Kids need to learn to code: Decoding coding

A recent entry on the “everybody needs to code” bandwagon

is this op-ed piece in the Wall St. Journal written as a letter to non-code-capable, new college graduates. Basically it say no coding skill, no job.

Author Kirk McDonald whacks you with that title, then says chillax, because all you need “is the ability to know enough about how these information systems work that we can be useful discussing them with others.”

I think this is misleading. To check it out, I talked with my favorite in-house computer guy, Dr. David Sturgill, who teaches computer science at NC State and also directs the world-wide ICPC Challenge. He’s also been married to me for quite a while, and his students know me as “the other Dr. Sturgill” and vice versa.

He and I talked about his understanding of coding vs. mine. He’s an expert. I can talk to him about it, just like McDonald is talking about. But my ability to do that intelligently is because in the past I’ve had a bit of hand-on experience. I can draw abstractions from concrete experience, and we talk at the level of those abstractions.

David teaches the first and last classes in the CS major. In the first class, there are abstract concepts to learn, and he tells me that by the end of the class, the students do pretty much know how to code.

But the abstract concepts like looping and functions are grounded in concrete problems.

I think that’s the difference between coding everyone’s talking about and coding ability that is needed. It might be better to call it computational problem solving. It sounds less friendly, and it is. But it’s also a lot more representative of what professional programmers actually do and what others might want to talk with them about.

His thoughts:

  • It’s useful to be able to write things in a highly prescriptive manner (even HTML makes you do this). If you think that is hard, “your coders are going to walk all over you.”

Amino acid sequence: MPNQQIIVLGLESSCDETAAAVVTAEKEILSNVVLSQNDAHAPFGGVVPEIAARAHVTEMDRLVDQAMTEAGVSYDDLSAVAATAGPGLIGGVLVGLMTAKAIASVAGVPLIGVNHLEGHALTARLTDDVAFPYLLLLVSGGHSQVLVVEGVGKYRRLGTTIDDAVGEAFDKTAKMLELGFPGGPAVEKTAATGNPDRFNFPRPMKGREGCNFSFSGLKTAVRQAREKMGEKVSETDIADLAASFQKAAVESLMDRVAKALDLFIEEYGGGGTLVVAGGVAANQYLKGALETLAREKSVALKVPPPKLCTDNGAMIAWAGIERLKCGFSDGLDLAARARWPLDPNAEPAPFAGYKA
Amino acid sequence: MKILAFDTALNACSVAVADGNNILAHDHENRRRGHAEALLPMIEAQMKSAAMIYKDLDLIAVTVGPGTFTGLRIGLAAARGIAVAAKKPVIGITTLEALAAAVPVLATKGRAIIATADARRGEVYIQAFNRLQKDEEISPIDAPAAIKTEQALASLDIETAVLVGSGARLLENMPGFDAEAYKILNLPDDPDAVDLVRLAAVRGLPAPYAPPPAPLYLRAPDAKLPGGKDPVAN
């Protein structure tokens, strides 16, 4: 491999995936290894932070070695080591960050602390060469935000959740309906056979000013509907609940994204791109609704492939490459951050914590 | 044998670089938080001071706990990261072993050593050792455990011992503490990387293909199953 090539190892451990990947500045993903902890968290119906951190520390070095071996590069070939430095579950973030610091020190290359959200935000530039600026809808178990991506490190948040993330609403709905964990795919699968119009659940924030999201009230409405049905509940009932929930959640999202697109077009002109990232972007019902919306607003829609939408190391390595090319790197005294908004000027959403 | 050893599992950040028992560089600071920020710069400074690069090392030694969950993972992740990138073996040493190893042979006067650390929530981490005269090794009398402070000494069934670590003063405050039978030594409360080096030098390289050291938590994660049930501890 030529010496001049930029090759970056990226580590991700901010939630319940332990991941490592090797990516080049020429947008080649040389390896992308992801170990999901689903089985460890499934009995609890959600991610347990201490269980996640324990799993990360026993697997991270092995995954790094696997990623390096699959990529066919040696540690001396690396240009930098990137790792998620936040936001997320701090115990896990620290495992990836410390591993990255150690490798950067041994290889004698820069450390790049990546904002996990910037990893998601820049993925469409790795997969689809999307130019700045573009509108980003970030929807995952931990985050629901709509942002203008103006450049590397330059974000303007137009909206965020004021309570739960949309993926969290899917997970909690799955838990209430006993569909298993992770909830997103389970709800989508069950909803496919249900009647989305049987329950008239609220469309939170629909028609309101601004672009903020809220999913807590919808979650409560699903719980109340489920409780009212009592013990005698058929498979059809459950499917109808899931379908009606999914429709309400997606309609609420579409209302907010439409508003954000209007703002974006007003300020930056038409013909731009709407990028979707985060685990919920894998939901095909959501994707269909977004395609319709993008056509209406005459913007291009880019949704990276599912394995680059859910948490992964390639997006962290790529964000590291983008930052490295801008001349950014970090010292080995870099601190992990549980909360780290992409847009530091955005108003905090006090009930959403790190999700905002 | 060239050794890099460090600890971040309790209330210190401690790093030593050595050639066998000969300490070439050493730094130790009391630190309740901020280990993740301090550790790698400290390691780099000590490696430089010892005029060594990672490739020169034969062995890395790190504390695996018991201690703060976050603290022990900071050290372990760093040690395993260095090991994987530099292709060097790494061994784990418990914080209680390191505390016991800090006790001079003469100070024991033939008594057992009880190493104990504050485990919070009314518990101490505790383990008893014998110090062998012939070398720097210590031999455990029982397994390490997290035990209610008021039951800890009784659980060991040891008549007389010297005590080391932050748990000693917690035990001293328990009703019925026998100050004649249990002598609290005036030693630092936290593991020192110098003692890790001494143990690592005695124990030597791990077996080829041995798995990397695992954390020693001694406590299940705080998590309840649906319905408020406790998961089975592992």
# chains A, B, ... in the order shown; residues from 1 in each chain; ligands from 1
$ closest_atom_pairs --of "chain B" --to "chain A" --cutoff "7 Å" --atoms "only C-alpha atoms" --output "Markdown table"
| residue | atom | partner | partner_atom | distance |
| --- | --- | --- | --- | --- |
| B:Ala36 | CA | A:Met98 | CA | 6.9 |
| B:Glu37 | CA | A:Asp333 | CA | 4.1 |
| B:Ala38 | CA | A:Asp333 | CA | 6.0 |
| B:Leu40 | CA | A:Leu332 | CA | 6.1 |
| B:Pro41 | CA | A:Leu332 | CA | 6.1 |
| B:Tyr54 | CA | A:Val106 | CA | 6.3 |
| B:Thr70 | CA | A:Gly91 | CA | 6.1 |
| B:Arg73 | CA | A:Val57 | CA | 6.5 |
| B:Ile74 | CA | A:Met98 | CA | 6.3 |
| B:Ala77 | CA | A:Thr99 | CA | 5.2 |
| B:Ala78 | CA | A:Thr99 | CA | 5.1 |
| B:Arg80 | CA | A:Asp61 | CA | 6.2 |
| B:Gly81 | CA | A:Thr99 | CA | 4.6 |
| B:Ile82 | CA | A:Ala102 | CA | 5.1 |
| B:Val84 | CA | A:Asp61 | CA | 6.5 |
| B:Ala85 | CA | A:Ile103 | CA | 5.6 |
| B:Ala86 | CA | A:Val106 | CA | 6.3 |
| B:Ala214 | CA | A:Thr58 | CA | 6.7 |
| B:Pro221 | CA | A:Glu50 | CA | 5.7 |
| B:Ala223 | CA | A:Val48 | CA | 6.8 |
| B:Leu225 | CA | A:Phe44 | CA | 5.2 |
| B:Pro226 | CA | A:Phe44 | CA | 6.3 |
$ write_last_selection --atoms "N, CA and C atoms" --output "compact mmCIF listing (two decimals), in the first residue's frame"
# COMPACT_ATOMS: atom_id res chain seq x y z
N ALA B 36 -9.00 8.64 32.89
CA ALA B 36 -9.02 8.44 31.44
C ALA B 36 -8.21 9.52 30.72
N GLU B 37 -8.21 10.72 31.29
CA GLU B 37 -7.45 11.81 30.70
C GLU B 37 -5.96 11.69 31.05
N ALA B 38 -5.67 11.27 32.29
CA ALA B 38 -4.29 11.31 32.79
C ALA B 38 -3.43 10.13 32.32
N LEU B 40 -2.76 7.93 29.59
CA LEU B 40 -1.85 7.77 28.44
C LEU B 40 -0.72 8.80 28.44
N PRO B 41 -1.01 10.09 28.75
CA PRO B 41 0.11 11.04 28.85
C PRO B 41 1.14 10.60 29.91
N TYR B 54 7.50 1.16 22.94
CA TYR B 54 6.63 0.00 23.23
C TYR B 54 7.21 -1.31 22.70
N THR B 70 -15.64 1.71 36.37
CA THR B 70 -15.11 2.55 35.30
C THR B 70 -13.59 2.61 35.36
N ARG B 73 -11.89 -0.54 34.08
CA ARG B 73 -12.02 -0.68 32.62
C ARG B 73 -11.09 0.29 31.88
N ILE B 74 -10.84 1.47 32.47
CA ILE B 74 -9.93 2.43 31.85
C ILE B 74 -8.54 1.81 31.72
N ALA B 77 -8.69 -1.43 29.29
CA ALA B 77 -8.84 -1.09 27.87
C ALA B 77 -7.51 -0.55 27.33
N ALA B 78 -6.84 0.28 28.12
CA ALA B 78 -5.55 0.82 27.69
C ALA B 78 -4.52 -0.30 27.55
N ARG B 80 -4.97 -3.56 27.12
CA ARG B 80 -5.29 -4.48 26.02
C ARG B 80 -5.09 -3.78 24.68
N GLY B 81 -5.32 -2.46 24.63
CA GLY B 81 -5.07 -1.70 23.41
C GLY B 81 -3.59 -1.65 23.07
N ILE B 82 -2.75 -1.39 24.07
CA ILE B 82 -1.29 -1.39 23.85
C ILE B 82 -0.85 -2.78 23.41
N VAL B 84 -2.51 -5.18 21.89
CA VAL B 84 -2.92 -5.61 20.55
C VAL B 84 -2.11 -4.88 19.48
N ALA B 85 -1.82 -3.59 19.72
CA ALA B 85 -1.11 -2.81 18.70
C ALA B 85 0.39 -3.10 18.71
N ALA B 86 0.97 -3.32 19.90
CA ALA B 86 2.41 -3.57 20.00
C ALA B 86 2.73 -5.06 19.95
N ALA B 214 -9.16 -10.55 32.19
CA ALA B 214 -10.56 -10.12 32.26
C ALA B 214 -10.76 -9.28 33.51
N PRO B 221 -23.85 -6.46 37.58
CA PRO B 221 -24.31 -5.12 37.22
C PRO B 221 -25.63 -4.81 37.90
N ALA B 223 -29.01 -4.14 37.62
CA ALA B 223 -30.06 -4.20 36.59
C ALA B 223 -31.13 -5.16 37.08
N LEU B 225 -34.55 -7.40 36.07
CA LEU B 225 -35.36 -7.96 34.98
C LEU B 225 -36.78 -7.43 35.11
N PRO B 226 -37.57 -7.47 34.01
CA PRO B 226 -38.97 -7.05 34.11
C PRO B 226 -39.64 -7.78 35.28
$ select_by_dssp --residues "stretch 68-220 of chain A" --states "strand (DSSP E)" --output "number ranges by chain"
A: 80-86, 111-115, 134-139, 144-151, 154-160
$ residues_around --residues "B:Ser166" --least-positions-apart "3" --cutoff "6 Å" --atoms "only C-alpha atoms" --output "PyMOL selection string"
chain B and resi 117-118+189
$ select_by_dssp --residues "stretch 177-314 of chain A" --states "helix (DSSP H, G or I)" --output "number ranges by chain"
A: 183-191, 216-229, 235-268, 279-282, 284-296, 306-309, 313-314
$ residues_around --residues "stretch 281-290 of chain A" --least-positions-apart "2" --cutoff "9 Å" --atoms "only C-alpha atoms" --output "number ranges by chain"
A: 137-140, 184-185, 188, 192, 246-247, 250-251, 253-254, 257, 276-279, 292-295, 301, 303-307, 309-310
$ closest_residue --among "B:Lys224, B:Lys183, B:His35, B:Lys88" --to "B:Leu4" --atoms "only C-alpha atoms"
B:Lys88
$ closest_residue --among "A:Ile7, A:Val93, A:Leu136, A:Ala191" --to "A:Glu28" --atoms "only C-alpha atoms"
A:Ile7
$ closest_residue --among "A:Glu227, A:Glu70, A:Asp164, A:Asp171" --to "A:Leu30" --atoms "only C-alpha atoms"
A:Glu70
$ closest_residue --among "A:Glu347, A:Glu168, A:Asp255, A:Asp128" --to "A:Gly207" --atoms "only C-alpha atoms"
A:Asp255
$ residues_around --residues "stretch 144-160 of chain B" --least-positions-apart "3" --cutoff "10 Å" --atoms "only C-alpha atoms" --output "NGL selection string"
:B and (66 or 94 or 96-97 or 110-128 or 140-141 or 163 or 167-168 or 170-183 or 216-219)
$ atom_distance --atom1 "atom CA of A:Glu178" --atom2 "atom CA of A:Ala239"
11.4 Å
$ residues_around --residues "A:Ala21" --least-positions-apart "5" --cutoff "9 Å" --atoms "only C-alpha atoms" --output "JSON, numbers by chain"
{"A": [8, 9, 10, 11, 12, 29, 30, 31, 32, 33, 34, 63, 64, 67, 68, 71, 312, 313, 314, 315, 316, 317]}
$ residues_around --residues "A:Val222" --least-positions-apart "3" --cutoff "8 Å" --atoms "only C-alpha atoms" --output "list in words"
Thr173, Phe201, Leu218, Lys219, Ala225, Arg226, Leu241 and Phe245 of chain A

• It’s being able to form solutions to problems on your own that’s important. It’s easy to be able to understand something, and thus think you could have made it. But you will often be wrong. Doing creates meaningful understanding.

My thought:

If you want to show this ability for computational problem solving a great portfolio addition would be a little blog where you showcase different things you have figured out how to do, including

  • the problem you are solving
  • the solution you used
  • reflection on how it worked out
  • You may need to give yourself homework. And then maybe Kirk McDonald will hire you.

    Learn more

    What do programmers do all day? this exhaustive list from the Canadian government breaks it down.

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One comment

  1. Greg Green

    I doubt Kirk McDonald would want to hire me. I’m not willing to work on SOAP (which says somewhere along the line that his company is making poor decisions about their tech stack — I don’t know how “being able to talk to coders” affects that) and I don’t live in South Asia. What does it matter if you can speak code if you are never, ever going to have a face to face with the technical staff?

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